As currently proposed, the new child tax credit would still be partially refundable (meaning you could get a refund for a portion of the credit even if you didn't pay taxes), and the new rules would require a refund The maximum amount possible will increase. The amount per child ranges from $1,600 per child to $1,800 per child in the 2023 tax year, $1,900 in the 2024 tax year, and $2,000 per child in the 2025 tax year. However, the amounts for 2024 and 2025 are adjusted for inflation.

After excluding the refundable amount ($200 for tax year 2023), the remaining $2,000 will be non-refundable. In other words, tax credits can only be used against taxes owed. After your tax liability reaches $0, you can't receive any additional money.

Do I have to wait to pay my taxes?

No one knows whether the proposed changes will become law. And you may be wondering whether you should hold off on filing your tax return until the change is actually approved by Congress and signed into law. “Unless I'm really, really strapped for money, I'll wait and see what happens,” Duke Alexander Moore, founder of tax service Duke Tax, told CNET.

People who receive the child tax credit typically receive their tax refund after mid-February, rather than immediately like those who didn't claim the credit. If you decide to file early and the new child tax credit rules are approved, the IRS could send you the difference this year or you could claim it when you file next year, Moore said.

Conversely, the IRS told CNET that regardless of whether you are considering a pending bill, it is recommended that you file it as soon as you are ready. Lisa Greene-Lewis, a certified public accountant and tax expert at Intuit and the creator of TurboTax, agrees, as there are other credits available to parents besides the child tax credit, such as the earned income tax credit.

Green-Lewis told CNET that the current proposal suggests that the IRS could make adjustments without requiring affected taxpayers to amend their tax returns.

Always consult a tax advisor regarding your individual tax needs.

How do I claim the Child Tax Credit?

You can claim the child tax credit by entering your qualifying child on Form 1040 and attaching your completed Schedule 8812, Credit for Qualifying Children and Other Dependents.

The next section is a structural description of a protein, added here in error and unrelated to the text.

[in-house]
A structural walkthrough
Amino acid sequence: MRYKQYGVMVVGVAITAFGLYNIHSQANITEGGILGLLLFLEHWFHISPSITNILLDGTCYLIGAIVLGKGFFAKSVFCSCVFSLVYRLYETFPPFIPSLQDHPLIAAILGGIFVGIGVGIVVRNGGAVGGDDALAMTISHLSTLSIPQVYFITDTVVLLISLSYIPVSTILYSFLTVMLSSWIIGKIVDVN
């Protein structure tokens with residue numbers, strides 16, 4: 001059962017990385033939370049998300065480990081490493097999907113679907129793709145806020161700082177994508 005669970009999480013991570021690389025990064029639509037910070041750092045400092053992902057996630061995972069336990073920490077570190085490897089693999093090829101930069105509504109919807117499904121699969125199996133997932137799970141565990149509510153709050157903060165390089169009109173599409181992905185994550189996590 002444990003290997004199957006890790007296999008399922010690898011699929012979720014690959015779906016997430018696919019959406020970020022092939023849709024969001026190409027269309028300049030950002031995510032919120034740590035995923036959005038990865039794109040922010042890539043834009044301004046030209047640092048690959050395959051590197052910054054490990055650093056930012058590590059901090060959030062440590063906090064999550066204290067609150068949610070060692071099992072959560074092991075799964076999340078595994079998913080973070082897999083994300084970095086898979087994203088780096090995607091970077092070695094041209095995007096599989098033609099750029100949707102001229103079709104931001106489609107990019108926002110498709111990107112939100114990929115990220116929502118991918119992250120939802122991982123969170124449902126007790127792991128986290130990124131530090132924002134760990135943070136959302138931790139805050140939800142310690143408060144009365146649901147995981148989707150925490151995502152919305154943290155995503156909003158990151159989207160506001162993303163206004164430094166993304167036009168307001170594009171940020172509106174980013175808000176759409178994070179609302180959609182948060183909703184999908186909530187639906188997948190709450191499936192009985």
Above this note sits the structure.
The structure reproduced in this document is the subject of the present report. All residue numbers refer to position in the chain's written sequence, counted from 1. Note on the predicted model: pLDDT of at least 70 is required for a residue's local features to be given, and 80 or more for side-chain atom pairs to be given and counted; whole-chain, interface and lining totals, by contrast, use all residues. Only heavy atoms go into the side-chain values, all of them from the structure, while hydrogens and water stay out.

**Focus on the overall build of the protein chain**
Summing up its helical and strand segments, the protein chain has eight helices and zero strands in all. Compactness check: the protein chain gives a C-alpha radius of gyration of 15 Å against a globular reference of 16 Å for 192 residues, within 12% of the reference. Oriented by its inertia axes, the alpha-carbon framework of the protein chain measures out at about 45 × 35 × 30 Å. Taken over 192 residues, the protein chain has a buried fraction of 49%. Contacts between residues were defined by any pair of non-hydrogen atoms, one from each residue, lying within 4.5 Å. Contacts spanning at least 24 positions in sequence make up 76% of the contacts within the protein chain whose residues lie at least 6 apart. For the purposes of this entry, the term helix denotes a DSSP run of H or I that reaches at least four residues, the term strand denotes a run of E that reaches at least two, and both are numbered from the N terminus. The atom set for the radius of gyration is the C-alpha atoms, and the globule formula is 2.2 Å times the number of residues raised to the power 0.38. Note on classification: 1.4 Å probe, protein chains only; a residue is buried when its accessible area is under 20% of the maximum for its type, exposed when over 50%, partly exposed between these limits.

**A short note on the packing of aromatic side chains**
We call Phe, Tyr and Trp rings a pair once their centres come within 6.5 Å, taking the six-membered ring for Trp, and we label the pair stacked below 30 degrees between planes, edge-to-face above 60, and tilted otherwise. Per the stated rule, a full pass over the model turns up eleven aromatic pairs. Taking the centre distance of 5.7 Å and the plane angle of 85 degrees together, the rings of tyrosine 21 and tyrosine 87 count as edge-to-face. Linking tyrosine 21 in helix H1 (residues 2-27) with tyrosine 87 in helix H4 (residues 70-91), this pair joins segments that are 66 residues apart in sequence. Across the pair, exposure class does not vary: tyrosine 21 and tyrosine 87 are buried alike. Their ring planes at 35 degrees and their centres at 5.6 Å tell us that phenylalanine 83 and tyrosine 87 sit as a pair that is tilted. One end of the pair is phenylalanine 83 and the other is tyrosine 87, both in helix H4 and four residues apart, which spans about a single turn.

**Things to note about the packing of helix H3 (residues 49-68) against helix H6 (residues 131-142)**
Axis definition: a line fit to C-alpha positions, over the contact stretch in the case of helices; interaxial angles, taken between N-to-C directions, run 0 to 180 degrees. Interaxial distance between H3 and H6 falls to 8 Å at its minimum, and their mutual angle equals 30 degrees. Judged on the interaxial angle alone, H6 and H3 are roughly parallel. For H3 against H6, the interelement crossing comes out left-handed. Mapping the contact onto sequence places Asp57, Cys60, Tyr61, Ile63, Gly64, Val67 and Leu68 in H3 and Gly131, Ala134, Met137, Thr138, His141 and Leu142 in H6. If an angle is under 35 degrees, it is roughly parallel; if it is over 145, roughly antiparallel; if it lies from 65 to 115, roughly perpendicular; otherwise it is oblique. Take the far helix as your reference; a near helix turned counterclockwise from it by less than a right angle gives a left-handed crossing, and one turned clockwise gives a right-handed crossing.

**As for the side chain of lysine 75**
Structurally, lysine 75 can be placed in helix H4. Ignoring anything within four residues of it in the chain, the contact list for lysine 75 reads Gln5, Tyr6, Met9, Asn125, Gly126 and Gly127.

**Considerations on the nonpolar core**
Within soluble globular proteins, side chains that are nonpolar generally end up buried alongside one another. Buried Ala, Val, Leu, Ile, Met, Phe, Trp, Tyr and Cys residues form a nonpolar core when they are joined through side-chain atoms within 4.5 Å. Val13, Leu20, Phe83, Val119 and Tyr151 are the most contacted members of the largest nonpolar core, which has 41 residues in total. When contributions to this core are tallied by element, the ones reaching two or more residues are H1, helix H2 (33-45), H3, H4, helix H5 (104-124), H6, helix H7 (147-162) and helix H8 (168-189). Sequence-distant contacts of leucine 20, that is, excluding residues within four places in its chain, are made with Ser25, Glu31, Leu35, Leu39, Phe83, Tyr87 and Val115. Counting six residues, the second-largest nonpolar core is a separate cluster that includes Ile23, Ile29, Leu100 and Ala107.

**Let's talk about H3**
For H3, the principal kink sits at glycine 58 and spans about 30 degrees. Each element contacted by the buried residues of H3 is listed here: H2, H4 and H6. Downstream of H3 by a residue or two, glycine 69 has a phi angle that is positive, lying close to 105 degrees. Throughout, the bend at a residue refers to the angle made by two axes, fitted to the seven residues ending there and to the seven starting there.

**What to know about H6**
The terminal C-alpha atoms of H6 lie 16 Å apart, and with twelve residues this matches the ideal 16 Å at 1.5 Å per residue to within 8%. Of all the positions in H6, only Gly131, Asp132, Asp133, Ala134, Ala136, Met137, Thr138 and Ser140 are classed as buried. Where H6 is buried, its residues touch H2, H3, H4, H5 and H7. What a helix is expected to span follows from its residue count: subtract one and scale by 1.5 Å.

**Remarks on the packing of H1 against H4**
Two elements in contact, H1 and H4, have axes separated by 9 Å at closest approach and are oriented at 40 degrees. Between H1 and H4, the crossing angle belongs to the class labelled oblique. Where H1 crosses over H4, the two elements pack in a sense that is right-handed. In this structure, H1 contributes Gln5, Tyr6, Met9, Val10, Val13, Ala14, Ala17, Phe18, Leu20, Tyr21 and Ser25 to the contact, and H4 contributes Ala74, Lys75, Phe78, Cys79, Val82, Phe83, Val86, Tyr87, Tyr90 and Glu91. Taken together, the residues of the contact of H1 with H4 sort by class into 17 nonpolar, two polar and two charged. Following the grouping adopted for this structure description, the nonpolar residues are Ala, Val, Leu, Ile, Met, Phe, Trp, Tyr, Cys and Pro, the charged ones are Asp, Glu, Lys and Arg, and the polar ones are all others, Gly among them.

What if the credit is more than the tax owed?

This year's child tax credit is not fully refundable. This means that if your tax bill exceeds the amount you receive from the credit, the difference will be forfeited.

You may also be able to claim additional child tax credits. This will reimburse you up to $1,600 per child. (To find out if you qualify for the additional child tax credit, complete the IRS Form 8812 worksheet.)

If you pay for child care, you may also be eligible for the Child and Dependent Care Credit. Depending on your situation, you can claim between 20% and 35% of your childcare fees.

The maximum amount you can claim is $3,000 for each child under 13 or a dependent with a disability, and $6,000 for two or more.

You must have an income to qualify for this credit, and child care cannot be provided by a spouse or other family member.

Other federal income tax credits available to families include the adoption credit, education credit, and earned income tax credit.

Is there a state child tax credit?

More than a dozen states are part of the family: California, Colorado, Idaho, Maine, Maryland, Massachusetts, Minnesota, New Jersey, New Mexico, New York, Oklahoma, Oregon, Utah, and Vermont. It is said that there is some form of tax credit that will benefit the public. He attended the National Conference of State Legislatures. Many others are also considering implementing tax cuts.

Requirements and benefits vary, so check your state tax portal for more information.